He came back as they had just started putting the clinical trial drug, 225AC-J251, into me. There was a medical physicist with his Geiger counter there, making sure the drug was making its way down my IV line, into my arm, and then collecting in my heart area initially (rather than staying in my arm, which would be bad). Tyler and I asked him to turn on the beeping part of the Geiger counter so we could listen. He gratified us. Briefly. The Geiger counters I’ve seen in my medical adventures all look like they were made just after WWII. The physicist told me even the new ones look the same. Why mess with perfection?

All went well with my infusion. Afterwards, they hung up a 20-gallon bag of saline to drip into me while they observed me for two hours. Well, not 20 gallons, but it was big. I wheeled my IV pole over to the bathroom several times.

They explained to me my discharge instruction. I have to be very careful with my urine for the next two weeks, as most of the radioactive isotope will be departing my body through that channel. I need to flush twice. I need to wash my clothes and sheets separately. If I’m going to read a book or handle something for a long time, I should wash my hands first. I should shower freely. I don’t know what that means, but I plan to enjoy showering freely. Life’s little pleasures.

The half-life of the 225 Actinium is six months. So if I do contaminate something with that radiation, it could be contaminated for a long time. I will be careful.

We were finally released from the hospital at 5:45 PM. An 11-½ hour day at the hospital for me. I had only a little lunch–packages of crackers, some fruit cups and applesauce. So when we left, we found a good Italian place. I tried to eat sensibly. But it is so difficult to get non-fatty, heavy food at restaurants, especially when you can’t eat salads or other high-fiber foods. Back in my room, I distracted my overtired mind by playing Minecraft.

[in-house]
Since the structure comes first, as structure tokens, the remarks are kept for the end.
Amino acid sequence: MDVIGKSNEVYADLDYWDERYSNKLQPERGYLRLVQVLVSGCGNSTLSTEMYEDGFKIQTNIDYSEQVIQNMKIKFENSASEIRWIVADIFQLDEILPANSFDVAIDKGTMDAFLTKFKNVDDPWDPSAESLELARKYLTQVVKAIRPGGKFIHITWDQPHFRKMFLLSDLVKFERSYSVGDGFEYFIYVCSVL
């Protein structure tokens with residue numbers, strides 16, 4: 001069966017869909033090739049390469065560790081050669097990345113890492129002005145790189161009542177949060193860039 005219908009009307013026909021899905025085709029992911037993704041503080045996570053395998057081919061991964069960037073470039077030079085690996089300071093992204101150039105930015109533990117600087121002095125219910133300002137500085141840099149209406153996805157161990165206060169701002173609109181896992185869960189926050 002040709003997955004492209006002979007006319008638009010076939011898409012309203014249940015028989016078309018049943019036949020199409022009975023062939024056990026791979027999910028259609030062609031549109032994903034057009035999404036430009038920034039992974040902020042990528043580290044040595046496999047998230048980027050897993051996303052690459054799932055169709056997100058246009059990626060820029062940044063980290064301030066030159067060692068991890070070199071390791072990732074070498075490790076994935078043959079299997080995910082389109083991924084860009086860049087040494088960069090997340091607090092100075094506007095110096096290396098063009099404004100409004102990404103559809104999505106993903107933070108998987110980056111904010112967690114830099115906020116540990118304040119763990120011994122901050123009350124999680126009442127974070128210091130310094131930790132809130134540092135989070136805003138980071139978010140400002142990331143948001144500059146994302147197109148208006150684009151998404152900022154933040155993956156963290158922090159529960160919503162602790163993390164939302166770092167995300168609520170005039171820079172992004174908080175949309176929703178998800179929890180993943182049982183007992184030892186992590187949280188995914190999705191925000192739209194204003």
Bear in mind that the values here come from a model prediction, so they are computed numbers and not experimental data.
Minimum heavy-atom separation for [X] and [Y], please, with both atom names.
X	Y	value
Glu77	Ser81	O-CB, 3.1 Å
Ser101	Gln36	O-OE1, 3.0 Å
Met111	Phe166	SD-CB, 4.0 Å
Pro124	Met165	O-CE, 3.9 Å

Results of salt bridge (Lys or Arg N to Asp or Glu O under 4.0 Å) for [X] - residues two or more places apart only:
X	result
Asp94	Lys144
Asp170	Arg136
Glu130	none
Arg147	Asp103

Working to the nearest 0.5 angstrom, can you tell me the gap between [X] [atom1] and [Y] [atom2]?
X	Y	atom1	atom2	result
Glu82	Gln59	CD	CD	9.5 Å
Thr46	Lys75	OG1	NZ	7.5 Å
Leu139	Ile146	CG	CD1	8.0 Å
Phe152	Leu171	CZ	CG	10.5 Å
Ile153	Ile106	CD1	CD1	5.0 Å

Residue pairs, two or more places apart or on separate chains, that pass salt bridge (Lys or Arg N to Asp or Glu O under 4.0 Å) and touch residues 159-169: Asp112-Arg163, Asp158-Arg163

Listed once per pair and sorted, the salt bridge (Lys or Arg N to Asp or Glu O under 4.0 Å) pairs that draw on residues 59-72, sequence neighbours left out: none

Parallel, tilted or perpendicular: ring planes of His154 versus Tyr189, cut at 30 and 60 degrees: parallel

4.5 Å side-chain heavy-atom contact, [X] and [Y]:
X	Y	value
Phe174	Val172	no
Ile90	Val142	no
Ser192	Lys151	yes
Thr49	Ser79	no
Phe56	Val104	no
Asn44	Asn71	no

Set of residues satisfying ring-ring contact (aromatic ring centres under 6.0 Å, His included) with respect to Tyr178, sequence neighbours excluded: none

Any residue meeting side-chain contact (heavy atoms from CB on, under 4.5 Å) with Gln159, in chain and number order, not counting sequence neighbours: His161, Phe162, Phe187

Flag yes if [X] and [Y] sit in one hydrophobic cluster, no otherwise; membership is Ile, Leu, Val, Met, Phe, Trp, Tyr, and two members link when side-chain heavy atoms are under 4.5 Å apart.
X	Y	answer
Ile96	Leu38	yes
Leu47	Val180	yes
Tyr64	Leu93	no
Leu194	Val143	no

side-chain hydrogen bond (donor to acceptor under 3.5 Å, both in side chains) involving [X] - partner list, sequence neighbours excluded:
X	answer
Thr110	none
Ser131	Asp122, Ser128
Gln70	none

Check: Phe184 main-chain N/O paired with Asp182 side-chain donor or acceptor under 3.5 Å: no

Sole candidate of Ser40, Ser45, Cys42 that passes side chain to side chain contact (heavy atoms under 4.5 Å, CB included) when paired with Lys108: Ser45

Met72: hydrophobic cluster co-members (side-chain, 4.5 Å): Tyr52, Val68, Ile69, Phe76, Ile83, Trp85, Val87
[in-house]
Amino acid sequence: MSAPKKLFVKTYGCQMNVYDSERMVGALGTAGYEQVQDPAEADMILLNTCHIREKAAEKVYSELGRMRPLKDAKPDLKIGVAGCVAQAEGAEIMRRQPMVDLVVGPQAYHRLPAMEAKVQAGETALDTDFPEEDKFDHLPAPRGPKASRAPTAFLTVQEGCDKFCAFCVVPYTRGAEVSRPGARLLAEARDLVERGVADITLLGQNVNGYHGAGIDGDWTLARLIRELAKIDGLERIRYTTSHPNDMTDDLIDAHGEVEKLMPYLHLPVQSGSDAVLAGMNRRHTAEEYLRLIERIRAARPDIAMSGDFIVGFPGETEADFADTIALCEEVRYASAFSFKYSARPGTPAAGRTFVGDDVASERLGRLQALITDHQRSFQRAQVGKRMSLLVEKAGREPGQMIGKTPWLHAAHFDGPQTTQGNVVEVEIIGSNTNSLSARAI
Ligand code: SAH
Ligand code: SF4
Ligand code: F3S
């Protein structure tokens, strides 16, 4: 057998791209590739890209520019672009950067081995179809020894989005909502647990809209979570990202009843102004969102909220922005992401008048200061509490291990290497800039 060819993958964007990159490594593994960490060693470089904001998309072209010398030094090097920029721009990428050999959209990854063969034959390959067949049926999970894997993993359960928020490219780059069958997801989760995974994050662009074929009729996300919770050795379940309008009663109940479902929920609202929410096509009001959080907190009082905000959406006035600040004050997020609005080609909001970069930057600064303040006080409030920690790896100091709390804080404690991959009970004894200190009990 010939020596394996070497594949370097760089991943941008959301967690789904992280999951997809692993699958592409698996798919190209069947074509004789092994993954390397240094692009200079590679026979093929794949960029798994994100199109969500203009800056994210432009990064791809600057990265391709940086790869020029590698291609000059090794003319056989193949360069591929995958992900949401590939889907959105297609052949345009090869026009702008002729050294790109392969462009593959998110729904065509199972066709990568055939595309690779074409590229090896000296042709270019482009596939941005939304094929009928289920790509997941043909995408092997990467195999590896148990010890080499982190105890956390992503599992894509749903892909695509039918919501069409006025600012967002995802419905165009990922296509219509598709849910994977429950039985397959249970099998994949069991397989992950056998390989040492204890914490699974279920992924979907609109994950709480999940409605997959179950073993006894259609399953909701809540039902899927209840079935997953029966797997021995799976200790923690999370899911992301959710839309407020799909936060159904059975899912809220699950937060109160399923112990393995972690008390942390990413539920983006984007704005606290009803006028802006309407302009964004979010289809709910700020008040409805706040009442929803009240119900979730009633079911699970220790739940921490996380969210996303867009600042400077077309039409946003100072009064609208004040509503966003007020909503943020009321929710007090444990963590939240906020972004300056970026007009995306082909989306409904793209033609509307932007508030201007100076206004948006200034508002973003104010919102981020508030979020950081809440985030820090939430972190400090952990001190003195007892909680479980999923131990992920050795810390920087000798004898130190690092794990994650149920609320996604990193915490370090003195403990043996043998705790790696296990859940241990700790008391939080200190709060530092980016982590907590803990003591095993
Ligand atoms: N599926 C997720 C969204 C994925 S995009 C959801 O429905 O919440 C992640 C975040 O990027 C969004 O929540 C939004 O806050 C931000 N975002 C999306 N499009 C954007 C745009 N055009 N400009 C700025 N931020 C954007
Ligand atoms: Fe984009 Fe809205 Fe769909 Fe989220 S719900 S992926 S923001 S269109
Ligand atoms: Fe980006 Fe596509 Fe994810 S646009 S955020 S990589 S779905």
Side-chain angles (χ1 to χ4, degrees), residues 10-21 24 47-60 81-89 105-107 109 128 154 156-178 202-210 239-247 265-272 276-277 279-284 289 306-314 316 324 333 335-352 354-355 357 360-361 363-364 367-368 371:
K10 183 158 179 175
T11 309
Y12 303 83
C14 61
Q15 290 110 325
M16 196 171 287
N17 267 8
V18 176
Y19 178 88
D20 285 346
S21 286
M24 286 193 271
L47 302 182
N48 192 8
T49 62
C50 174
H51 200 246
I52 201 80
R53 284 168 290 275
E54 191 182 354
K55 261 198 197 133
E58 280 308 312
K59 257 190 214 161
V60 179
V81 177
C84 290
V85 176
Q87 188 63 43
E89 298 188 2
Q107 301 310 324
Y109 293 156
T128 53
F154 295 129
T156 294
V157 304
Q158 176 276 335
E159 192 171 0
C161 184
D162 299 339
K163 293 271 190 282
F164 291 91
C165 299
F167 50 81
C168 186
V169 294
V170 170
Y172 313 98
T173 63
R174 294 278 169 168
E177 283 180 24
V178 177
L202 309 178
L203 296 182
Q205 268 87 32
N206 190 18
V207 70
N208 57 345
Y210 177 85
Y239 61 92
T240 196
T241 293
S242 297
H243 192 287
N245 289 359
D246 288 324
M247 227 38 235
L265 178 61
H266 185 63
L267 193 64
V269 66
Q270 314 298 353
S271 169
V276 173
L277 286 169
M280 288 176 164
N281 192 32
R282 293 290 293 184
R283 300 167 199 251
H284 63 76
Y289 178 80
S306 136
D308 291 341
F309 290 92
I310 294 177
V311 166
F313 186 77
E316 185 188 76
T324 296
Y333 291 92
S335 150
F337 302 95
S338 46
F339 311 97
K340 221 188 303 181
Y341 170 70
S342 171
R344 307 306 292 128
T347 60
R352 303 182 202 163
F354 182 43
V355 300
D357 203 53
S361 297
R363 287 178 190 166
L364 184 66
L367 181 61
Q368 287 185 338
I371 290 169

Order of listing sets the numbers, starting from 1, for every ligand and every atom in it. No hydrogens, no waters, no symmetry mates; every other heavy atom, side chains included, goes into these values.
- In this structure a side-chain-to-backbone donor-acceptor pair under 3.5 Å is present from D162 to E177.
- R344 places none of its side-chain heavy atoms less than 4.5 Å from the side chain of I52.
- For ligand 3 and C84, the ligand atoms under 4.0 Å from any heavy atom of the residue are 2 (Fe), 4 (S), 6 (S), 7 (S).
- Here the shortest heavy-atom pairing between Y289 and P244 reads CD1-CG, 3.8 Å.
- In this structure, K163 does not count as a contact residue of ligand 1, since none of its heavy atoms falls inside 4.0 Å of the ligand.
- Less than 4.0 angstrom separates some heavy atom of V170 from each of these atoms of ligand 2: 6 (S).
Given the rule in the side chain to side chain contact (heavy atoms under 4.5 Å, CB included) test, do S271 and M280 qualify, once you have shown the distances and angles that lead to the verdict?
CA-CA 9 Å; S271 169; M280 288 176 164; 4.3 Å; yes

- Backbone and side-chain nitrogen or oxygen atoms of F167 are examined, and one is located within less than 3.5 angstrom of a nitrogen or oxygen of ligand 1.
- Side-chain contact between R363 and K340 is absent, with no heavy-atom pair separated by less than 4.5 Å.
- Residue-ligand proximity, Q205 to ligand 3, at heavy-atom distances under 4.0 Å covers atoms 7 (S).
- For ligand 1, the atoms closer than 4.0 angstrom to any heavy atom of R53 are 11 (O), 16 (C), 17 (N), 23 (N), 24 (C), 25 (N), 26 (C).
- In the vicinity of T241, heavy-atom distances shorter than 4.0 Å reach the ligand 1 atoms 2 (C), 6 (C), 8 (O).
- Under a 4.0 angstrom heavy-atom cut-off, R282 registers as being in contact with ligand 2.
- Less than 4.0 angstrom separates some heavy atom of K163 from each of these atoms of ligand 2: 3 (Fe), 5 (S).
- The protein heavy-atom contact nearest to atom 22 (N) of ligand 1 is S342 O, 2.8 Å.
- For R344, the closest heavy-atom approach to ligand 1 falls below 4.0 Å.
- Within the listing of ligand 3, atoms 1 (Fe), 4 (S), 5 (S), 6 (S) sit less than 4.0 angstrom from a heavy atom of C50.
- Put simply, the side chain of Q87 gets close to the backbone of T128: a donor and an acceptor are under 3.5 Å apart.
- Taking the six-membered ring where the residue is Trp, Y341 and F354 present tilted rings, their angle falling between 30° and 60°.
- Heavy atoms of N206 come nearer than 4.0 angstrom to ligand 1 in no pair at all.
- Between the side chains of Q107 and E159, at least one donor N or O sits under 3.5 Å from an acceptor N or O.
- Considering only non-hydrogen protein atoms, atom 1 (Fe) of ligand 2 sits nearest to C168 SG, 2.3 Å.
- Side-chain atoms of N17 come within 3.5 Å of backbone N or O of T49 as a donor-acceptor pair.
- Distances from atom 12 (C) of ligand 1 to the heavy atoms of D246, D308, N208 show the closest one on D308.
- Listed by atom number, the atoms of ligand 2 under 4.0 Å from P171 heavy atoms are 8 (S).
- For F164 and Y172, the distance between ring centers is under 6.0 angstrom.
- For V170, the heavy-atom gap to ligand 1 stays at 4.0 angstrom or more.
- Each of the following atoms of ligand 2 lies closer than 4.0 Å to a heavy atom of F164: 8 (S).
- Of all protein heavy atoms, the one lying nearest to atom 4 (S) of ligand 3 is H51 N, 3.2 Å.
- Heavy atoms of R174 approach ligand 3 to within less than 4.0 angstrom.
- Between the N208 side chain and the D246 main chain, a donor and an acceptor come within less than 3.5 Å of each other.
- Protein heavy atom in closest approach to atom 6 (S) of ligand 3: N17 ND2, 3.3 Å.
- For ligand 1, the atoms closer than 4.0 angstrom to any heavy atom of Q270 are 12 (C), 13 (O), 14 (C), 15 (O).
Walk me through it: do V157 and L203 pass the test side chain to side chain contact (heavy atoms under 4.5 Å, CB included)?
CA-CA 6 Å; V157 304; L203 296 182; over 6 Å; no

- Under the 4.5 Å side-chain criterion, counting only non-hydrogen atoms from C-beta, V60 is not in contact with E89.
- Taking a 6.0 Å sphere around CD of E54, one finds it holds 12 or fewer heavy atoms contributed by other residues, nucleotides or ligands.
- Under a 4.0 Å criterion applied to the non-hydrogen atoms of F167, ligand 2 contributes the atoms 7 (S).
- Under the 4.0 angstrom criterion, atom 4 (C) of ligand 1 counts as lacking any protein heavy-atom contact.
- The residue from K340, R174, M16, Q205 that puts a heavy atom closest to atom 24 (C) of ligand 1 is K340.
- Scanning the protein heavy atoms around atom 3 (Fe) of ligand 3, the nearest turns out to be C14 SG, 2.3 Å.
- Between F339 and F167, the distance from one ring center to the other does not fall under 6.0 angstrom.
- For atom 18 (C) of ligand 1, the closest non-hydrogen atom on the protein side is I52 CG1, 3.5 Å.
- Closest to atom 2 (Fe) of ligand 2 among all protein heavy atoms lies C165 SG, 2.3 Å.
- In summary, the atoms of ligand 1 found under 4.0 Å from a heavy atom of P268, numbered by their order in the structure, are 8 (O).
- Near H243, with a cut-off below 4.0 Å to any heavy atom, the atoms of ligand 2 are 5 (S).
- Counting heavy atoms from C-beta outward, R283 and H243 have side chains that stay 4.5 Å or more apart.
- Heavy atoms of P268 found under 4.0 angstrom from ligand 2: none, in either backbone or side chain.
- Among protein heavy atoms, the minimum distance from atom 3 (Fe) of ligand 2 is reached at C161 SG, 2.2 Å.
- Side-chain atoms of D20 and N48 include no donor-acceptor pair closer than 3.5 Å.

That night I was awake from 4-5:00 AM with GI amusements. I finally fell back asleep and woke up at 9:45 AM. I haven’t slept that late in eons. It was wonderful. I showered freely, finished packing, checked out, and bought some yogurt and a brioche to go with my coffee for breakfast. Despite my sleeping in, I felt too tired to visit the Museum of the Dog, another nearby attraction. I was certain their gift shop wouldn’t just have cat items. But I took a cab to LaGuardia instead and got wheelchaired out through TSA and to my gate.

At the gate, I started working on my next trip to NY–next week! I have four trips in May. Next week’s appointment, on Thursday, will be short, and I’d planned to just stay one night. But the fares I was finding were over $1000. Discouraging. In the midst of discouragement, amazing things can happen. A generous friend of mine bought me a roundtrip, nonstop ticket using his frequent flyer miles. I can’t imagine anything I do or have done to deserve such largesse. So I had no choice but to accept it as undeserved favor. What, in Christianity, we call grace. It’s humbling. I called the American Cancer Society to see about a discount hotel room and they will let me know. There have been other such graces recently–people offering hotel points, sticking cash in my pocket at church, offering to troubleshoot travel arrangement problems for me, or sending us a check in the mail. I mention these not to brag, because, as I’ve said, I’m undeserving. God is good, and has provided abundantly in so many ways.

I made it home on time. Liz met me in the airport–so happy to see her after a long week apart. Once we got home, the two dogs jumped all over me, briefly, and then ran outside to play. They live in the moment.